Reel To Reel: Gravity
Going Rate: Worth full price in 3-D and then some
Starring: Sandra Bullock, George Clooney
Red Flags: Mild Language, Two Disturbing Human Images (I don't count scenes of peril as a red flag, but they're too intense for young children)
When 2001: A Space Odyssey opened in 1968, it enveloped audiences with an astoundingly original view of the universe coupled with hints of where we came from, and where we were going. Gravity is every bit as stunning and original, but on a terrifying scale. Yet this film has its influences: along with 2001, it draws from Marooned, Apollo 13, and Alien along with Alfred Hitchcock's non-sci-fi classic Rope. Director Alfonso Cuarón, who co-wrote the screenplay with his son, turns the beautiful void of space into a claustrophobic deathtrap that reminds you of the dangerous of space exploration.
The premise is simple. A team of astronauts are in the middle of a routine space shuttle mission -- as close to routine as space flight can get -- when their shuttle is pelted by debris from a satellite explosion. NASA and others have warned us about the risks of flying space junk: it doesn't float aimlessly; it hurls around the Earth at thousands of miles per hour, meaning any fragment larger than a baseball can do serious damage to orbiting spacecraft. Suddenly the routine mission becomes a survival mission, led by space ace Matt Kowalski (Clooney) and newbie Dr. Ryan Stone (Bullock). Kowalski is the cool pro who knows all the moves, and gets to show a few as he flies around on an experimental jetpack during the film's opening scene.
About that scene: it is one continuous shot that runs at least five minutes long. I didn't time it, but it probably runs longer than that. The second shot also runs several minutes long. These are the kinds of long shots Hitchcock used so effectively in Rope, ones people more often attribute to Brian De Palma, but I'd like to see De Palma pull off this flawless blend of special effects and tension. Cuarón knows exactly when to let his shots breathe for the maximum effect. He also embraces the scientific reality that crashes don't make a noise outside of Earth. The result is an unnervingly silent, uninterrupted realism hyphenated by Bullock's breathing and sparse dialogue in a performance that's a lock for an Oscar nomination, and it's a crime if doesn't get one. We feel ourselves floating next to the characters, even inside their space helmets in some sequences before seamlessly venturing out again.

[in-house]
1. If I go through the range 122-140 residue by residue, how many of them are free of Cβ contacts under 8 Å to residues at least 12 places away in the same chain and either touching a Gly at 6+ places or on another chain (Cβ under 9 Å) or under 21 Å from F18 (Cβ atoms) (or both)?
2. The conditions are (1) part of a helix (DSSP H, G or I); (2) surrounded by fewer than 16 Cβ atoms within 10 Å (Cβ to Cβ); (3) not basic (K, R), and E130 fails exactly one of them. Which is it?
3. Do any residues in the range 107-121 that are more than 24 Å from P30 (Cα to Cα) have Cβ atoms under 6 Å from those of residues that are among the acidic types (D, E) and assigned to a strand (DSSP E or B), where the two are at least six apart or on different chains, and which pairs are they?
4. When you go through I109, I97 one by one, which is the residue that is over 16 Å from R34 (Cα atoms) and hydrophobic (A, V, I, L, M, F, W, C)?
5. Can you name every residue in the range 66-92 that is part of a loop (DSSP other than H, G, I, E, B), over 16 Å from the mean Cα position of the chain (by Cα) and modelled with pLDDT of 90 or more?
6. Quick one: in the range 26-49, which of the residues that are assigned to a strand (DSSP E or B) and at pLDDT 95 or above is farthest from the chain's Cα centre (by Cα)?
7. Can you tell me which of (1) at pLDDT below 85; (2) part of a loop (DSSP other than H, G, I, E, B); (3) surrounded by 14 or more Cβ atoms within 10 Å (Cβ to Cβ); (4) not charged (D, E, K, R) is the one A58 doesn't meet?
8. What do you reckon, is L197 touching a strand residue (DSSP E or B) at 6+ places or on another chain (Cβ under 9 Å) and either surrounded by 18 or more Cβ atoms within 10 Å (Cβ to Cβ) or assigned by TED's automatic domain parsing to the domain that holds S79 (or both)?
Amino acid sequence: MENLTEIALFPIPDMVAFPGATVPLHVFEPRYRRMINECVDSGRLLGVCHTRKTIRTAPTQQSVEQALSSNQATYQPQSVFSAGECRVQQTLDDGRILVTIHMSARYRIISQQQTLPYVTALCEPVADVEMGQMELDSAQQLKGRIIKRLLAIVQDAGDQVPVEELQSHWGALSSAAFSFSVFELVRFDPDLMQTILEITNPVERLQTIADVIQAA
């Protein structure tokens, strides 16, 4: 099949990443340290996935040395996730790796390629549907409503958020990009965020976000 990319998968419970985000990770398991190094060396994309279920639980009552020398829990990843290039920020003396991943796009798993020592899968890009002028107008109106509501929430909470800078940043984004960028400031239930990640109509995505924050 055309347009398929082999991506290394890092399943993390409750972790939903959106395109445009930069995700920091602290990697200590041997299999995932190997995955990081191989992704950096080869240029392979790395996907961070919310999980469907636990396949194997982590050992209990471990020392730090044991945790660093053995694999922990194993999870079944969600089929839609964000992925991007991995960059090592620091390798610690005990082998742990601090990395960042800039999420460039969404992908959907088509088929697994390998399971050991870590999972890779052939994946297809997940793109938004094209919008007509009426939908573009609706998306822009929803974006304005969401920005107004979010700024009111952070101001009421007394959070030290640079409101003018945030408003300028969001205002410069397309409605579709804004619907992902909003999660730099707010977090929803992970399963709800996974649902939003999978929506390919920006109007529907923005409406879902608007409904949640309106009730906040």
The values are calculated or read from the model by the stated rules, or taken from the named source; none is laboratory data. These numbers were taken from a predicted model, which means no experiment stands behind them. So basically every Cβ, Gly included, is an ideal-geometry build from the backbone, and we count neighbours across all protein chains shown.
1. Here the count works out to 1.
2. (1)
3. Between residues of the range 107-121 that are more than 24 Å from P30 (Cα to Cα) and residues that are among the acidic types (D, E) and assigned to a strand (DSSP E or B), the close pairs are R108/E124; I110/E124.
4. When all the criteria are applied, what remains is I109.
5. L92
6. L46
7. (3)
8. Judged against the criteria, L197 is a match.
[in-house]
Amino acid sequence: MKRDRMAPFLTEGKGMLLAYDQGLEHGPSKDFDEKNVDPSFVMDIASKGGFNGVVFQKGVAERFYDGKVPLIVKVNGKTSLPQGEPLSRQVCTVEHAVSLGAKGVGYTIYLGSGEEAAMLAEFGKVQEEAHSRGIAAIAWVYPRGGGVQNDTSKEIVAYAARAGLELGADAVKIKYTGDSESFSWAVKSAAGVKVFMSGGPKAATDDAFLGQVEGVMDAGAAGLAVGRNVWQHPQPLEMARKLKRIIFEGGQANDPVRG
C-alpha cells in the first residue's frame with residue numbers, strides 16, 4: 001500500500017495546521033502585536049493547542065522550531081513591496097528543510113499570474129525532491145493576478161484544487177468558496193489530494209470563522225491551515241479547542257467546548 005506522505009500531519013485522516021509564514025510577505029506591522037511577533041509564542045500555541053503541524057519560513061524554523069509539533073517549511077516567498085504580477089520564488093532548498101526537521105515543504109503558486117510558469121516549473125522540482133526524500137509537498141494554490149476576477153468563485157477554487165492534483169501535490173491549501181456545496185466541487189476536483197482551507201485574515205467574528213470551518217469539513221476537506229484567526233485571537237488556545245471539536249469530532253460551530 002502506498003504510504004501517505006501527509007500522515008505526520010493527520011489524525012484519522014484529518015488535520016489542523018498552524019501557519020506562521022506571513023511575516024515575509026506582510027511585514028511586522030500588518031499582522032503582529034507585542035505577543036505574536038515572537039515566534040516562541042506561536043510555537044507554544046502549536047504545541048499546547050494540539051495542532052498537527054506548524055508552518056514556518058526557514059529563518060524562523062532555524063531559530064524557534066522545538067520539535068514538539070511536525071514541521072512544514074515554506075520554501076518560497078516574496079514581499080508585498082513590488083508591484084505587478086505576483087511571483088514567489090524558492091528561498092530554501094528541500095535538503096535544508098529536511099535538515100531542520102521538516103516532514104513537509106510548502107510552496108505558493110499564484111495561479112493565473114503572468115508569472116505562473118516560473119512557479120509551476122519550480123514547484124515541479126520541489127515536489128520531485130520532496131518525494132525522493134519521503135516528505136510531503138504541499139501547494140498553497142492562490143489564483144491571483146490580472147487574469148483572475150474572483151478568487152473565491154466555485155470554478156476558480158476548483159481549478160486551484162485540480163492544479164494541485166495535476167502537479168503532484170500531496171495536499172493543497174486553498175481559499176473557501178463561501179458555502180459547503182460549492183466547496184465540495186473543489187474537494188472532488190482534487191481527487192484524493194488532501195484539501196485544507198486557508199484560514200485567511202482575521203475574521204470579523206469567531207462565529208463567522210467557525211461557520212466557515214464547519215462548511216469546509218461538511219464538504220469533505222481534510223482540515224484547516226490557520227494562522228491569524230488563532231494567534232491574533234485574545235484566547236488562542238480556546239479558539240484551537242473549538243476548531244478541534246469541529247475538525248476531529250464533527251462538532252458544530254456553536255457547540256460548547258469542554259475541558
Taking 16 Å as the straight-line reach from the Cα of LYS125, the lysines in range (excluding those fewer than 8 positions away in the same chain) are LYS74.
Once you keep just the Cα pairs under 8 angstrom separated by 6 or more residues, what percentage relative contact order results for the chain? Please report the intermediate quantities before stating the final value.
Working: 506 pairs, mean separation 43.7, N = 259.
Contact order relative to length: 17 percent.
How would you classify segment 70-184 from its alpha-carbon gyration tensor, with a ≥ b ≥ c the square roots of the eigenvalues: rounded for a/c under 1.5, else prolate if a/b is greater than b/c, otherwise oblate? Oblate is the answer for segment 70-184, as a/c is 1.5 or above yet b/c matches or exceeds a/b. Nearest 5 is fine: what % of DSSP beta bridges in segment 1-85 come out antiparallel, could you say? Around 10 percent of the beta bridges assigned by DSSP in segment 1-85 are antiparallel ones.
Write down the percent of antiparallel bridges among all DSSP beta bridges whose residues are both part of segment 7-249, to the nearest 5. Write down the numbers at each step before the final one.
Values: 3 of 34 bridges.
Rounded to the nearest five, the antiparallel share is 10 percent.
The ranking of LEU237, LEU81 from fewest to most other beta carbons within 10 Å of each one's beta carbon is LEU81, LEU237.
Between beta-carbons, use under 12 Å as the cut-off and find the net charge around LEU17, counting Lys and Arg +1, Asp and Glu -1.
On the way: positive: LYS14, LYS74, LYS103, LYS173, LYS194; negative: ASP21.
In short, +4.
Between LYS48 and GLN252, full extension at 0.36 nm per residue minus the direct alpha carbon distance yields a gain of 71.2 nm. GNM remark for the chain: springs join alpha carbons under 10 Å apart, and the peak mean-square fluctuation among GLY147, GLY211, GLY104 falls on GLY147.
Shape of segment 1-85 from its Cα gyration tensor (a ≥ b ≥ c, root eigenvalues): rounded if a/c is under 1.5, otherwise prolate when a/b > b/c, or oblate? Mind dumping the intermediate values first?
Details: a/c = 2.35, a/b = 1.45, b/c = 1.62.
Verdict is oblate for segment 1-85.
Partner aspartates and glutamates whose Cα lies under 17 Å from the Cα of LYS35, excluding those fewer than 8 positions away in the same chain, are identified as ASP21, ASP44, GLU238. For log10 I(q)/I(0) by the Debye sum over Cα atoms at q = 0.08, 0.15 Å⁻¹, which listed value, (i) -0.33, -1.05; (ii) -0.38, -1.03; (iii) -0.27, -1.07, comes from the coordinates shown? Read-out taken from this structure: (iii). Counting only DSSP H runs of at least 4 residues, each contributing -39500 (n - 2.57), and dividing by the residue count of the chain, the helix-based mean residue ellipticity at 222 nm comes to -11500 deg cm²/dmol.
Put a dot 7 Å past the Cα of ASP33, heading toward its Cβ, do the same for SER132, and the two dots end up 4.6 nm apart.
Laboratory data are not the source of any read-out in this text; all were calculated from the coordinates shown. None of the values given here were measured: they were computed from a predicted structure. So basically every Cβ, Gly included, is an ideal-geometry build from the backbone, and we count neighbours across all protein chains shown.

Delving deeper into this film's technical brilliance and hair-raising plot would deflate the bulk of its tension. I can only tell you it does things we have not seen done before on film because technology has finally caught up with imagination. IMDB.com reports the filmmakers used a compositing system to create the space flight scenes which involved putting the actors in a specially-lit box to capture their faces, which were combined with the computer graphics. Yet for all this wizardry, the picture maintains a minimalist structure and a tight narrative. Cuarón shows remarkable restraint for this genre, where pictures try to out-do each other with their scope, relevance, or explosions. Instead, he focuses on the minutia; a small electrical fire on a space station has a freshness to it. Ordinary objects like pens drift around the actors, not only justifying the 3-D component, but reinforce the haunting sense that everything is coming apart around us.
Yes, this film is that good. I thought 2004's Sky Captain And The World Of Tomorrow was that good too. Do any of you remember that film now? I think I've only applied the term "Instant Classic" to one other film, Minority Report. That film earned it at the time, but times have changed, and now the sci-fi bar just lifted a lot higher.